The improvement in the NTF of the cascaded system may be better visualized plotting the spectras:

In :
figure(figsize=(16, 6))
subplot(121)
ds.figureMagic(name='$NTF_{0,0} = NTF_{1,1}$')
ds.PlotExampleSpectrum(ntfs[1, 1], M=31)
ylabel('dBFS/NBW')
subplot(122)
ds.figureMagic(name='$M_1NTF_{0,0}+M_2\left(NTF_{1,0} + NTF_{1,1}\\right) = NTF_{0,0}^2$')
ds.PlotExampleSpectrum(ntf_eq, M=31)
#ds.PlotExampleSpectrum(ntfs[0, 0], M=31)
tight_layout() ## Numerical simulation of the 2-2 cascade and SNR improvement¶

Previously we simulated the NTF of a single modulator and the expected equivalent NTF when the two outputs are filtered and combined. Here we simulate the cascade of modulators with the ABCD matrix, computing their outputs $v_1$ and $v_2$, which are then numerically filtered and combined. Lastly, we check that the SNR improvement is as expected.

Notice we needed to scale down the amplitude of the input sine since a sine wave at -3dBFS was pushing the modulator to instability.

The filtering transfer functions $M_1$ and $M_2$ need to be expressed in terms of coefficients of $z^{-1}$ to be passed to scipy's lfilter.

The coefficients are:

In :
filtM1 = [0., 0., 0., 2., -1.]
filtM2 = [1., -2., 1.]

In :
figure(figsize=(16, 6))
M = nlev - 1
osr = 64
f0 = 0.
f1, f2 = ds.ds_f1f2(OSR=64, f0=0., complex_flag=False)
delta = 2
Amp = ds.undbv(-3) # Test tone amplitude, relative to full-scale.
f = 0.3 # will be adjusted to a bin
N = 2**12
f1_bin = np.round(f1*N)
f2_bin = np.round(f2*N)
fin = np.round(((1 - f)/2*f1 + (f + 1)/2*f2) * N)
# input sine
t = np.arange(0, N).reshape((1, -1))
u = Amp*M*np.cos((2*np.pi/N)*fin*t)
# simulate! don't forget to pass a list (or tuple or ndarray)
# as nlev value or the simulation will not be aware of the
# multiple quantizers
vx, _, xmax, y = ds.simulateDSM(u, ABCD, nlev=nlev)
# separate output #1 and output #2
v1 = vx[0, :]
v2 = vx[1, :]
# filter and combine
vf = lfilter(filtM1, [1.], v1) + lfilter(filtM2, [1.], v2)
# compute the spectra
window = ds.ds_hann(N)
NBW = 1.5/N
spec0 = np.fft.fft(vf*window)/(M*N/2)/ds.undbv(-6)
spec1 = np.fft.fft(v1*window)/(M*N/2)/ds.undbv(-6)
spec2 = np.fft.fft(v1*window)/(M*N/2)/ds.undbv(-6)
freq = np.linspace(0, 0.5, N/2 + 1)
plt.hold(True)
plt.plot(freq, ds.dbv(spec0[:N/2 + 1]), 'c', linewidth=1, label='V1')
plt.plot(freq, ds.dbv(spec2[:N/2 + 1]), '#fb8b00', linewidth=1, label='VF')

# smooth, calculate the theorethical response and the SNR for VF
spec0_smoothed = ds.circ_smooth(np.abs(spec0)**2., 16)
plt.plot(freq, ds.dbp(spec0_smoothed[:N/2 + 1]), 'b', linewidth=3)
Snn0 = np.abs(ds.evalTF(ntf_eq, np.exp(2j*np.pi*freq)))**2 * 2/12*(delta/M)**2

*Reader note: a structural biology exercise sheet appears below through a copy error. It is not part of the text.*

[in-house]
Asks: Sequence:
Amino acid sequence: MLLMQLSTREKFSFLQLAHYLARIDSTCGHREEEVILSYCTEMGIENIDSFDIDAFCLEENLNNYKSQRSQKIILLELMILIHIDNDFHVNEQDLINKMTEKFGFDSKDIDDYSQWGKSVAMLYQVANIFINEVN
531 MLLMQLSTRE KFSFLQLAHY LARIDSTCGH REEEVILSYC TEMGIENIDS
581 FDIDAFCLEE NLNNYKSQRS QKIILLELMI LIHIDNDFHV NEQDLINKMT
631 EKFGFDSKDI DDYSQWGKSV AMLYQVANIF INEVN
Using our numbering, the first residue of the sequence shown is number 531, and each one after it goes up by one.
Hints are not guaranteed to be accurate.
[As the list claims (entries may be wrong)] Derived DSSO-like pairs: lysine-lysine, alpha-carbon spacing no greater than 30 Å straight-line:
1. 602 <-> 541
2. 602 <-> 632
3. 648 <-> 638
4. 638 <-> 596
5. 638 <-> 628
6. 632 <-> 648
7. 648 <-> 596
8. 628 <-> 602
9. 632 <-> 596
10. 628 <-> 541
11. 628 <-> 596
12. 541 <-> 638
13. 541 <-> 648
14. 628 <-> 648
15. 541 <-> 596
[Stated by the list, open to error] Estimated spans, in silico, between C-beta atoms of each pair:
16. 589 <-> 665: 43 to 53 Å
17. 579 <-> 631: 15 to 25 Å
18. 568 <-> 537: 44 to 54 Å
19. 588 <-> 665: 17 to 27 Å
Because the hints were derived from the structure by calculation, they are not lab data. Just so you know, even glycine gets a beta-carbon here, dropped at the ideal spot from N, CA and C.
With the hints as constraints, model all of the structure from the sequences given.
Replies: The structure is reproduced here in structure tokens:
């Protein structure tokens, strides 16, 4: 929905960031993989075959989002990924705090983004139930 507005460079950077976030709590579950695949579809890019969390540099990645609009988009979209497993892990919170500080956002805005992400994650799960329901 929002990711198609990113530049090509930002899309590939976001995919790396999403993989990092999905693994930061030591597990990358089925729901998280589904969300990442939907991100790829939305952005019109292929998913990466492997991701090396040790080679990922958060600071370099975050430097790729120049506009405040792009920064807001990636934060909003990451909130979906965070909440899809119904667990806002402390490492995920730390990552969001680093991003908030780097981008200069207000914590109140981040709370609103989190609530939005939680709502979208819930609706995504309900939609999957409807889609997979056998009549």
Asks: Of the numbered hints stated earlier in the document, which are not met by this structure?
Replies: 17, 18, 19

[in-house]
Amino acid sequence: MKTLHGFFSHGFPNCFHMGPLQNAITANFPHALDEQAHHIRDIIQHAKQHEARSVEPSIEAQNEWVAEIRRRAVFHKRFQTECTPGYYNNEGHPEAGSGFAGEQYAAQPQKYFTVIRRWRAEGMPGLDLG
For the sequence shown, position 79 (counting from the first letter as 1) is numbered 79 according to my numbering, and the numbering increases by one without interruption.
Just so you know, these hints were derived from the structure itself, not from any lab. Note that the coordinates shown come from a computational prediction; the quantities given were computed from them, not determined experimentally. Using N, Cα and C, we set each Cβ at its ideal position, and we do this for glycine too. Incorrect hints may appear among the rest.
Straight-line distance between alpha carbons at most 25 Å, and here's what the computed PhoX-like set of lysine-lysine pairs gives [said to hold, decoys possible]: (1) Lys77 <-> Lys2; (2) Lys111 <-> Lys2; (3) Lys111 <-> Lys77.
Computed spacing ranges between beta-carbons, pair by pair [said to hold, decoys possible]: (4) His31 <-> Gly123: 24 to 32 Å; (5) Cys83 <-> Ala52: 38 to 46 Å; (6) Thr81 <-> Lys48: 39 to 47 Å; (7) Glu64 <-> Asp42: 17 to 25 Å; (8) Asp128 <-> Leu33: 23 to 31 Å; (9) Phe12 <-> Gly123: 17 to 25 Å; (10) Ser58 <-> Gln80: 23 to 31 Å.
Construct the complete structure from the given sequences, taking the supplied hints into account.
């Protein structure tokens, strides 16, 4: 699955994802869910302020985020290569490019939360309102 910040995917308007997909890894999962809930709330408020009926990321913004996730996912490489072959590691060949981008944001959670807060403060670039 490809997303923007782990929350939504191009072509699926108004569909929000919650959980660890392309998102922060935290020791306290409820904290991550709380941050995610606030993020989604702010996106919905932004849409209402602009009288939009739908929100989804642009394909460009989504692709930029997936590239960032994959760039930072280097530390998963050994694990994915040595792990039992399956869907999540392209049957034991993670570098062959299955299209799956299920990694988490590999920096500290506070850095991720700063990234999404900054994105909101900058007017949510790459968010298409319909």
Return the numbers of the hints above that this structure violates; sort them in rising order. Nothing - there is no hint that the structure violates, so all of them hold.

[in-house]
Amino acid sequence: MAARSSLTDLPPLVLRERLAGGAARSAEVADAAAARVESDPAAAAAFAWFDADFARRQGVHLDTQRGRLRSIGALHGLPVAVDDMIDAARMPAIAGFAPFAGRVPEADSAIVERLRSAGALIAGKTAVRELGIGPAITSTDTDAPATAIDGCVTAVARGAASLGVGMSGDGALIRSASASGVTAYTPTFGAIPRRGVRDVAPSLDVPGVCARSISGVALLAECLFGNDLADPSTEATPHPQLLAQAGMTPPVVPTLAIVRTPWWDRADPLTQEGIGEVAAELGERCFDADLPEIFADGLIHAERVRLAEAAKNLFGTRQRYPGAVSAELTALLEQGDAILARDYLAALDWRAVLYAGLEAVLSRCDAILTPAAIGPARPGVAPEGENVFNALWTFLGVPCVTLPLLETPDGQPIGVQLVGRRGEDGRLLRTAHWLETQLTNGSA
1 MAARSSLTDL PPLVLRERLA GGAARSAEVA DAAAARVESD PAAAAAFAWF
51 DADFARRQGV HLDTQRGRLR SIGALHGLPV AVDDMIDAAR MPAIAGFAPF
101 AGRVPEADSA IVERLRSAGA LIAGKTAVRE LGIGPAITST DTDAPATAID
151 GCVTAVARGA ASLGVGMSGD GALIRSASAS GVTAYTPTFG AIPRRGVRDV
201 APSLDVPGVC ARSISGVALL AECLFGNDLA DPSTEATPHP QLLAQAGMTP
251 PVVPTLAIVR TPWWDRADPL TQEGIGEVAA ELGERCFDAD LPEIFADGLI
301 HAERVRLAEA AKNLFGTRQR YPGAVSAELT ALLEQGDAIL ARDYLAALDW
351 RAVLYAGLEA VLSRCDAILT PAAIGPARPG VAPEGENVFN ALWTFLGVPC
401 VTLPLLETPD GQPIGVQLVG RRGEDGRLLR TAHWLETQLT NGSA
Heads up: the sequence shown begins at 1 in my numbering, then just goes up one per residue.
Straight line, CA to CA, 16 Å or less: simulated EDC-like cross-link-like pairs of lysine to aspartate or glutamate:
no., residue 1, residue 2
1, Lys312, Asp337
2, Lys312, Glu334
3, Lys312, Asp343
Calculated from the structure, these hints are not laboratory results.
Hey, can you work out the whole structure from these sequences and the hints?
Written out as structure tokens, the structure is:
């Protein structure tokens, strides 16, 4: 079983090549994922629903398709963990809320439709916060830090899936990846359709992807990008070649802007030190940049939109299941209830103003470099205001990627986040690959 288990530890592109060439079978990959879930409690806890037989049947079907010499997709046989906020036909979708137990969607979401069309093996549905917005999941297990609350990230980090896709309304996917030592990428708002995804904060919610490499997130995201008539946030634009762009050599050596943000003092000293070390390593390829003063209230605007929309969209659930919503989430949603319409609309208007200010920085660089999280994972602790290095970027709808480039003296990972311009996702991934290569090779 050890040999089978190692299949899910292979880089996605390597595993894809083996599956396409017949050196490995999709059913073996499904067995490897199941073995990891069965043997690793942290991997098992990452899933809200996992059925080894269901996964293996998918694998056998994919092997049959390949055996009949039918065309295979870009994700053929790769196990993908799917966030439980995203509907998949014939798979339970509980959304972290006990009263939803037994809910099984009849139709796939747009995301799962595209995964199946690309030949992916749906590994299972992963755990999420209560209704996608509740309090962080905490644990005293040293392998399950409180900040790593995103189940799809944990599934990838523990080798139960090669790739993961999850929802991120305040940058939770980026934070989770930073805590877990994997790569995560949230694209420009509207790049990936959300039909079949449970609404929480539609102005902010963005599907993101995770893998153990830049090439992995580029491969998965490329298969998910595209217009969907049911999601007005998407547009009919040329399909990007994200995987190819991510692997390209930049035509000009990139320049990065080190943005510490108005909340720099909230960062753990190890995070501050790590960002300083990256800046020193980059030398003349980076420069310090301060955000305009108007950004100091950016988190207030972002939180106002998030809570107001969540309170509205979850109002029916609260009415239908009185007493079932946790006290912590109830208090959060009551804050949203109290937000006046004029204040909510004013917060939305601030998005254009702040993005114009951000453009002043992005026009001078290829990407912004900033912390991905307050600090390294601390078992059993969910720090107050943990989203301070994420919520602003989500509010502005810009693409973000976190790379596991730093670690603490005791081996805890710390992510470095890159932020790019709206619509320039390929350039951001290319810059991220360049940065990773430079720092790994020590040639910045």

plt.plot(freq, ds.dbp(Snn0*NBW), 'm', linewidth=1)
snr0 = ds.calculateSNR(spec0[f1_bin:f2_bin + 1], fin - f1_bin)
msg = 'VF:\nSQNR  =  %.1fdB\n @ A = %.1fdBFS & osr = %.0f\n' % \
(snr0, ds.dbv(spec0[fin]), osr)
plt.text(f0 + 1 / osr, - 15, msg, horizontalalignment='left',
verticalalignment='center')

# smooth, calculate the theorethical response and the SNR for V1
spec1_smoothed = ds.circ_smooth(np.abs(spec1)**2., 16)
plt.plot(freq, ds.dbp(spec1_smoothed[:N/2 + 1]), '#d40000', linewidth=3)
Snn1 = np.abs(ds.evalTF(ntfs[0, 0], np.exp(2j*np.pi*freq)))**2 * 2/12*(delta/M)**2
plt.plot(freq, ds.dbp(Snn1*NBW), 'm', linewidth=1)
snr1 = ds.calculateSNR(spec1[f1_bin:f2_bin + 1], fin - f1_bin)
msg = 'V1:\nSQNR  =  %.1fdB\n @ A = %.1fdBFS & osr = %.0f\n' % \
(snr1, ds.dbv(spec1[fin]), osr)
plt.text(f0 + 1/osr, - 15-30, msg, horizontalalignment='left',
verticalalignment='center')

plt.text(0.5, - 135, 'NBW = %.1e ' % NBW, horizontalalignment='right',
verticalalignment='bottom')
ds.figureMagic((0, 0.5), 1./16, None, (-160, 0), 10, None)
legend()
title("Spectra"); xlabel("Normalized frequency $f \\rightarrow 1$");ylabel("dBFS/NBW"); In :
print "Overall the SNR improved by %g (!) at OSR=%d." % (snr0-snr1, osr)

Overall the SNR improved by 48.0339 (!) at OSR=64.


Notice that, as it often happen, it is not immediate to see by eye that the composed signal $v_f$ has better SNR than $v_1$ (or $v_2$).

In fact, consider the following plot of the signals from which the above spectra and SNRs were calculated:

In :
figure(figsize=(14, 6))
plot(vf[100:800], label='$v_f$')
plot(v1[100:800], label='$v_1$')
plot(u[:, 100:800].T, 'r', label='$u$')
xlabel('sample #'); legend(); ## Conclusions¶

This notebook showed how it is possible, in the case of a Noise Shaping Multi-stage (MASH) cascade, to:

• calculate the signal and noise transfer functions,
• simulate the topology,
• filter and combine the outputs and
• evaluate the SNR improvement,

with python-deltasigma.

In :
#%install_ext http://raw.github.com/jrjohansson/version_information/master/version_information.py

%version_information numpy, scipy, matplotlib, deltasigma

Out:
SoftwareVersion
Python2.7.10 64bit [GCC 4.2.1 (Apple Inc. build 5577)]
IPython3.2.1
OSDarwin 14.4.0 x86_64 i386 64bit
numpy1.9.2
scipy0.16.0
matplotlib1.4.3
deltasigma0.2.2
Fri Aug 07 15:49:53 2015 CEST
In [ ]: